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It might be noted that this answer is very similar to my answer to "Do Calvinists believe that God is the author of evil?". –  Paul A. Clayton Jul 30 '13 at 0:45
    
Clearly you are a man that understands the intricacies of your doctrine but why do Calvinist always overreach? –  Rick Jul 30 '13 at 11:27
    
Liberty which enables "Faith" is not a "random perturbation" but essential for a loving relationship with God –  Rick Jul 30 '13 at 12:10

You are correct that sovereignty relates to authority. Where God is concerned, he is at the top.

There are however Christians who will profess that God is "In Control" of everything that happens. For example, if someone gets cancer, they will make the remark that whatever happens that "God is in control". I've also had friends die from cancer and their partners would say it must have been "God's will" for them to die.

Caseyr547 is right to say that this type of thinking stems from Calvanism. This "hyper sovereignty" as I'd call it is a particularly prevalent doctrine in the Open Brethren churches. The NIV bible even translated phrases like "God Almighty" for "Sovereign Lord" in just about every place in the NIV text popularising the term.

People who take this view on the sovereignty of God also use scripture to back their view such as Romans 8:28.- all things work together for good...

I hope this answers it for you.

I would go on to say that in my experience this Sovereignty of God doctrine is a convenient doctrine and gives some comfort to people as it means they don't have to do anything. It calls for believers to be passive.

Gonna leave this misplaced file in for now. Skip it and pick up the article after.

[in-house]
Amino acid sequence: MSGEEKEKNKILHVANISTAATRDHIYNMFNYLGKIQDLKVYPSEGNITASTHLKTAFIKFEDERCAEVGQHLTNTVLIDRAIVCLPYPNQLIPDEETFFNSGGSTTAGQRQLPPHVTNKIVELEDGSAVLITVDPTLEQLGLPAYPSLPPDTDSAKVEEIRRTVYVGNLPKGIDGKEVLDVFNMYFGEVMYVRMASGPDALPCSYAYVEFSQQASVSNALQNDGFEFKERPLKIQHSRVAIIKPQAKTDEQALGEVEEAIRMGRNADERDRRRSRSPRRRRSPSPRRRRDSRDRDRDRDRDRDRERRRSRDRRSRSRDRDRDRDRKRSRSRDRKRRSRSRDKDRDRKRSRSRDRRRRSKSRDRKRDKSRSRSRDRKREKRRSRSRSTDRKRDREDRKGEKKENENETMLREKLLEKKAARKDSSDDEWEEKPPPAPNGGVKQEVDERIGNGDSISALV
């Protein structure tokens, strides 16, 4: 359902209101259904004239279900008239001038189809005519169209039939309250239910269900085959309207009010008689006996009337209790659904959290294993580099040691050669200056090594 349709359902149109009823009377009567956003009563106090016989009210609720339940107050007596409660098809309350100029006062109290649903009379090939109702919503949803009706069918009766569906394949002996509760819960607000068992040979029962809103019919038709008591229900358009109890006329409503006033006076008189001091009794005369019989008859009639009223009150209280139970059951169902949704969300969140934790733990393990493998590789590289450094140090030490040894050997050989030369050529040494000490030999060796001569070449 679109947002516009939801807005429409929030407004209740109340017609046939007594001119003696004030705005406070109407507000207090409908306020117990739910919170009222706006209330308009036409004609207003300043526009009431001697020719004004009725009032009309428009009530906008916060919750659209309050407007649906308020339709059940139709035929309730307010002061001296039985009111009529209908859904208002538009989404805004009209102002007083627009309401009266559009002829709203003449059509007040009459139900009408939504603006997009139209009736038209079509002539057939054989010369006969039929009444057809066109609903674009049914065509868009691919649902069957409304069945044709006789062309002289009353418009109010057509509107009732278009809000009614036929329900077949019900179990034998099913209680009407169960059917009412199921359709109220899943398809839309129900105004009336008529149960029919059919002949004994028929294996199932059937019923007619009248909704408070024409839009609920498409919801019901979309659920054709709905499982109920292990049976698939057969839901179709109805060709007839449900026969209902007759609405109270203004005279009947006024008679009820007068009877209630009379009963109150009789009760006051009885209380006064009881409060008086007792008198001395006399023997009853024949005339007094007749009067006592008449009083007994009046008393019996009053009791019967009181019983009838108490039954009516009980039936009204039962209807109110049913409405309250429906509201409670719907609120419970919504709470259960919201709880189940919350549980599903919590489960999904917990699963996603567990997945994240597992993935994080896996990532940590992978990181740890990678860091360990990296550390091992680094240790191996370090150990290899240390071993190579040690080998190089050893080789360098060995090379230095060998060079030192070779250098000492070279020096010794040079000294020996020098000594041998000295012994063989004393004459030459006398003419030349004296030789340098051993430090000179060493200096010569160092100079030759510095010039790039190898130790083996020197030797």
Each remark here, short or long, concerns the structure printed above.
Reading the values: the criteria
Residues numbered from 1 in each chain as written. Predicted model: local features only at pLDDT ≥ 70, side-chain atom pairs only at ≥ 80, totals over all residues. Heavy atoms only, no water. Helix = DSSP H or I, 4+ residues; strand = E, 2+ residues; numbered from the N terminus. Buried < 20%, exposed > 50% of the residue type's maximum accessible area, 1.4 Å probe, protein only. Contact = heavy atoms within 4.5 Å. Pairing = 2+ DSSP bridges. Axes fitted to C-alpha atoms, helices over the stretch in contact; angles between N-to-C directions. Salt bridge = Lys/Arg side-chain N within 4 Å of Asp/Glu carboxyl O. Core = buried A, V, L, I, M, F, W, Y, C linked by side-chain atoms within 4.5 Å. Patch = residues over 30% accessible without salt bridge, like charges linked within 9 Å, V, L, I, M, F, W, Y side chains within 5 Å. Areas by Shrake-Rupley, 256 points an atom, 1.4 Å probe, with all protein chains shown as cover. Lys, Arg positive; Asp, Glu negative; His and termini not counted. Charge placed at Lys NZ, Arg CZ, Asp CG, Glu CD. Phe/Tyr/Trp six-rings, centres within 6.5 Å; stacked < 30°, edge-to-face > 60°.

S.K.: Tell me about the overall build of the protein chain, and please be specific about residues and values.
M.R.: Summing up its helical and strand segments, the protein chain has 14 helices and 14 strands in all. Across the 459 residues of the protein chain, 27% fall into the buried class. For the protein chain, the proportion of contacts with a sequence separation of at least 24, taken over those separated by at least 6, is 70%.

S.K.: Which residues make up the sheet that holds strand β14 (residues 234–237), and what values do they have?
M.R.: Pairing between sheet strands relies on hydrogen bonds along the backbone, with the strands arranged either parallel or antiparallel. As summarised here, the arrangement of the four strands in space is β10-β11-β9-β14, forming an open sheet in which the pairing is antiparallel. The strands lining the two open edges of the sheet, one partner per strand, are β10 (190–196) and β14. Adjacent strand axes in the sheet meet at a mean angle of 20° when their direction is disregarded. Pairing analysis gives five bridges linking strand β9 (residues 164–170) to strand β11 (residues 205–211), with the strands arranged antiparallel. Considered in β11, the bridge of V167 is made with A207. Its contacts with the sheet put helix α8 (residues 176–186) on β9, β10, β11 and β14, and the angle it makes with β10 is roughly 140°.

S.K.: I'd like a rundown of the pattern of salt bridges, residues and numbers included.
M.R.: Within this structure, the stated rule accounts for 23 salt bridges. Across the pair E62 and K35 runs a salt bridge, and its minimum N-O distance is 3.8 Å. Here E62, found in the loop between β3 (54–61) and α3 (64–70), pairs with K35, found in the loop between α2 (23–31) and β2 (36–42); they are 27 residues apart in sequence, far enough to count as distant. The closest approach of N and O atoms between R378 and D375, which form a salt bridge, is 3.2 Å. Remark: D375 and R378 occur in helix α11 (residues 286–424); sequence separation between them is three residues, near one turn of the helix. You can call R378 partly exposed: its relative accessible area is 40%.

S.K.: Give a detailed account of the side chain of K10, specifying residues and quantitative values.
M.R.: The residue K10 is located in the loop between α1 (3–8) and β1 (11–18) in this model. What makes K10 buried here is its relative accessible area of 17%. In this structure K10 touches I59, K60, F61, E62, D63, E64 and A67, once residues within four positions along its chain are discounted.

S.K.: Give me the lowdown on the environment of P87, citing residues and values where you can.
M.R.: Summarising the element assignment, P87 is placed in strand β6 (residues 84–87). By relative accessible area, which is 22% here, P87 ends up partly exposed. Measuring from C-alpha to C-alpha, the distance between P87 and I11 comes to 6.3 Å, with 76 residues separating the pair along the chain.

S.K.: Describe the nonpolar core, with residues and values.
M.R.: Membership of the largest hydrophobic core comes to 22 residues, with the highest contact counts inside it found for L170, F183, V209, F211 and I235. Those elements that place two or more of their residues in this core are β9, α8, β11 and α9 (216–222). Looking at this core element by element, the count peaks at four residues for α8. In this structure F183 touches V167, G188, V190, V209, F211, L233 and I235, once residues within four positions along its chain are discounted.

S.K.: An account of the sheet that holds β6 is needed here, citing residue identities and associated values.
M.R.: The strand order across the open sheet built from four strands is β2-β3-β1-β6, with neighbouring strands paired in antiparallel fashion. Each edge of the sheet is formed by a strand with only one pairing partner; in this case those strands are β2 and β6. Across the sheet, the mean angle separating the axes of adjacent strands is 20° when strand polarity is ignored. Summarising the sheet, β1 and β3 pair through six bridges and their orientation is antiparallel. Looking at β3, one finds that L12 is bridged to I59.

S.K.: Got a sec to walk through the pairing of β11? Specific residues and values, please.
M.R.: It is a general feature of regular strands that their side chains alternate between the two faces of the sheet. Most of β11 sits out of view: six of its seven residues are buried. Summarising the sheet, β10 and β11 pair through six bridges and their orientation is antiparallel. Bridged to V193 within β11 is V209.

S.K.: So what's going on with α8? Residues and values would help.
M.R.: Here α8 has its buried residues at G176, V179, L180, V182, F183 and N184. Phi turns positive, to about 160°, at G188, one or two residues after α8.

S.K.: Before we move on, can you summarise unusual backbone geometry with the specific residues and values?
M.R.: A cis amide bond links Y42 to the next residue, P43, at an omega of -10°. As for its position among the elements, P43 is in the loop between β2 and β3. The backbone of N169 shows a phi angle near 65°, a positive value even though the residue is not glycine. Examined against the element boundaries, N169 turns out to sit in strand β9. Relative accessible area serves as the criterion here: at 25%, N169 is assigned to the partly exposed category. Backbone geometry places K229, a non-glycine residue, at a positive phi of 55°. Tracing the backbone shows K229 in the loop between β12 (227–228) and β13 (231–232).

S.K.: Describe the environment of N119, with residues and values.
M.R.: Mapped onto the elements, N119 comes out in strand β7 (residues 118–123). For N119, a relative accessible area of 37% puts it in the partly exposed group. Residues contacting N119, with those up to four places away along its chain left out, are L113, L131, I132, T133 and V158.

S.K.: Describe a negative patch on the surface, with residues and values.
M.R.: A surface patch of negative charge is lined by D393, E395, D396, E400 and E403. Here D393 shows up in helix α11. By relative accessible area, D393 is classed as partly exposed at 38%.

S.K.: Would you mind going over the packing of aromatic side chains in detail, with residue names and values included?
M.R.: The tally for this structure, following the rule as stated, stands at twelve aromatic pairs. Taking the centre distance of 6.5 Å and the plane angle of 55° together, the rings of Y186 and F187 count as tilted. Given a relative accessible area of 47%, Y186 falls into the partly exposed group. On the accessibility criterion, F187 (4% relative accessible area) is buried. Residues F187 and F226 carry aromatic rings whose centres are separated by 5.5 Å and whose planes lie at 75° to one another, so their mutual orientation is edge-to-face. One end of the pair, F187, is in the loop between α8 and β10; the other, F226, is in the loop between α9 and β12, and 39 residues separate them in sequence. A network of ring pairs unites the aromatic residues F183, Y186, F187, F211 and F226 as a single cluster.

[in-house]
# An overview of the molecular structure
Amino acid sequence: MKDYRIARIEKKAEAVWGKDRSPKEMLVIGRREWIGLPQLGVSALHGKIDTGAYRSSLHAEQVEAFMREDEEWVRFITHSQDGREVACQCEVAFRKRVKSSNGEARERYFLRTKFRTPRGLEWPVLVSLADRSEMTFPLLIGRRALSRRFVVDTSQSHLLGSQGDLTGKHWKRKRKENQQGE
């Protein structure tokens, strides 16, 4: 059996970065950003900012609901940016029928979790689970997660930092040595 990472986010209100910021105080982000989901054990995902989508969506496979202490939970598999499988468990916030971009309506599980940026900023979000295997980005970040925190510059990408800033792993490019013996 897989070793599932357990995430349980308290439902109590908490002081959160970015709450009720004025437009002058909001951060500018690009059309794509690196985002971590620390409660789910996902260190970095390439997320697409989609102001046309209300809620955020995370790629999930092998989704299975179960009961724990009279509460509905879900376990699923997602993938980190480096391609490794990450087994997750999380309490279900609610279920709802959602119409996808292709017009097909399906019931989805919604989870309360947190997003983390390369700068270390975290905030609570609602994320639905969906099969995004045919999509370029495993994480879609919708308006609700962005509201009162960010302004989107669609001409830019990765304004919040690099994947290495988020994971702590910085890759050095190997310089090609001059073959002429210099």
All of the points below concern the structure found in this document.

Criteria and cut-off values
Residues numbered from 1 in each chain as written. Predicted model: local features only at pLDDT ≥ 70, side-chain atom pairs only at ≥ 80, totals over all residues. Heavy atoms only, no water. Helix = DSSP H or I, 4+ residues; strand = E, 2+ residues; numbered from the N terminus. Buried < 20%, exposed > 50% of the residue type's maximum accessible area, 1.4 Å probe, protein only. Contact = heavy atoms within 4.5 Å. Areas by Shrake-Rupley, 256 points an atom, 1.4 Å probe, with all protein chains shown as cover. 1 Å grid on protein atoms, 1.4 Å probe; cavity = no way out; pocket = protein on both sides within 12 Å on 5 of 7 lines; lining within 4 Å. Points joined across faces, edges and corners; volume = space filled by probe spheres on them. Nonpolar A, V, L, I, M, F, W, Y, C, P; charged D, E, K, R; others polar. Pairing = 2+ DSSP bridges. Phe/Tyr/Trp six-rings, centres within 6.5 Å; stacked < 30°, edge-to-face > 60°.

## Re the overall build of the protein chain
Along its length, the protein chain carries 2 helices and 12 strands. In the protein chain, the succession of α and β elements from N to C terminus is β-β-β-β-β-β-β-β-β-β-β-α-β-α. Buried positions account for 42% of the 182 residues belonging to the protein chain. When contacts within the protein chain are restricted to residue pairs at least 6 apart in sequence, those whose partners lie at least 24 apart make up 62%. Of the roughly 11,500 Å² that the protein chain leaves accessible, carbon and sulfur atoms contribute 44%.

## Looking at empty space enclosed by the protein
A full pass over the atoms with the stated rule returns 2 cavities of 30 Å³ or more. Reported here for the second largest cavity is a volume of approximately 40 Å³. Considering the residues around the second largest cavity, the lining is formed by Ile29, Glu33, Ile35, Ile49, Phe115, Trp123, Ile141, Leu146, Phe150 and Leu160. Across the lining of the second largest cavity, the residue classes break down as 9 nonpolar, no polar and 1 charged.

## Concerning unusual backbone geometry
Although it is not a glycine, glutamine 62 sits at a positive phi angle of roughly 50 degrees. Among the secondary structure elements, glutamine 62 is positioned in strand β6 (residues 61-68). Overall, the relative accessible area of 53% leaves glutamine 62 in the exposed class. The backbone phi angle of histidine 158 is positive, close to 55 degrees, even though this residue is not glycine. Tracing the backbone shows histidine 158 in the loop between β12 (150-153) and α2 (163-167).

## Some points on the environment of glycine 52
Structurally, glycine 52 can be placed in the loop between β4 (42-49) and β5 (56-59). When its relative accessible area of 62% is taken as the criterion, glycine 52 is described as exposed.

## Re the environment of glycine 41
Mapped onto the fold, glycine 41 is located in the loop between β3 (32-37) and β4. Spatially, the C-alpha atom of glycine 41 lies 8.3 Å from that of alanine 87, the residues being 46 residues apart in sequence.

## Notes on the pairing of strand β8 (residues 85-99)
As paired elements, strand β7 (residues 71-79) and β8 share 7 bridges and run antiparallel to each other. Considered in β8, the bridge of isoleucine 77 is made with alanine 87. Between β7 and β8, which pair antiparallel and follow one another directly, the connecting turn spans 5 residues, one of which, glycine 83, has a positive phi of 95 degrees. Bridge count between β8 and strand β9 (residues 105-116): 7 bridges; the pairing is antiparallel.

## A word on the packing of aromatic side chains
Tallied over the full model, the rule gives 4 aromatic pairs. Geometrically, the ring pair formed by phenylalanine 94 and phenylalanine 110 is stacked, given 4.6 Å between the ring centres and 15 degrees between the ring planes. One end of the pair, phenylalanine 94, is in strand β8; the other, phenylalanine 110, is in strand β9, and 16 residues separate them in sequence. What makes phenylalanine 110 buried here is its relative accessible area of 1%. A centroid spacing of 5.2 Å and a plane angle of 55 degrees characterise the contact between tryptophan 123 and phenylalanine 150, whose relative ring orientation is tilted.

However, scripture makes it perfectly clear that God does not override our decisions. For example, God did not override Adam and Eve's decision to eat the forbidden fruit. God guided Cain to make a right choice, but Cain still chose to go his own way. Many of the things that happen in life as a result of the original sin. We still live in a cursed world.

Just like an earthly king has to enforce his will through people, God uses people and in particular his church to bring about change in the world and to preach the gospel. If his church are not preaching the gospel then people will not be saved. It's still his will that people be saved regardless of what his church does.

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Just FYI, the NIV uses "Sovereign LORD" to translation YHWH (LORD) + Adonai (Lord)—except with Sabaoth (Almighty) which is rendered "the Lord, the LORD Almighty"—, using "the Lord, the LORD" would obviously be awkward (I think some translations use "the Lord GOD"), but I am not certain where "God Almighty" is so translation. Perhaps the NIV compensates by translating all-ruling in Revelation as Almighty. ;-) (I object more to the NIV's translating "of hosts" as "Almighty", but at least shaddai, also "Almighty", is always footnoted.) –  Paul A. Clayton Jul 30 '13 at 3:59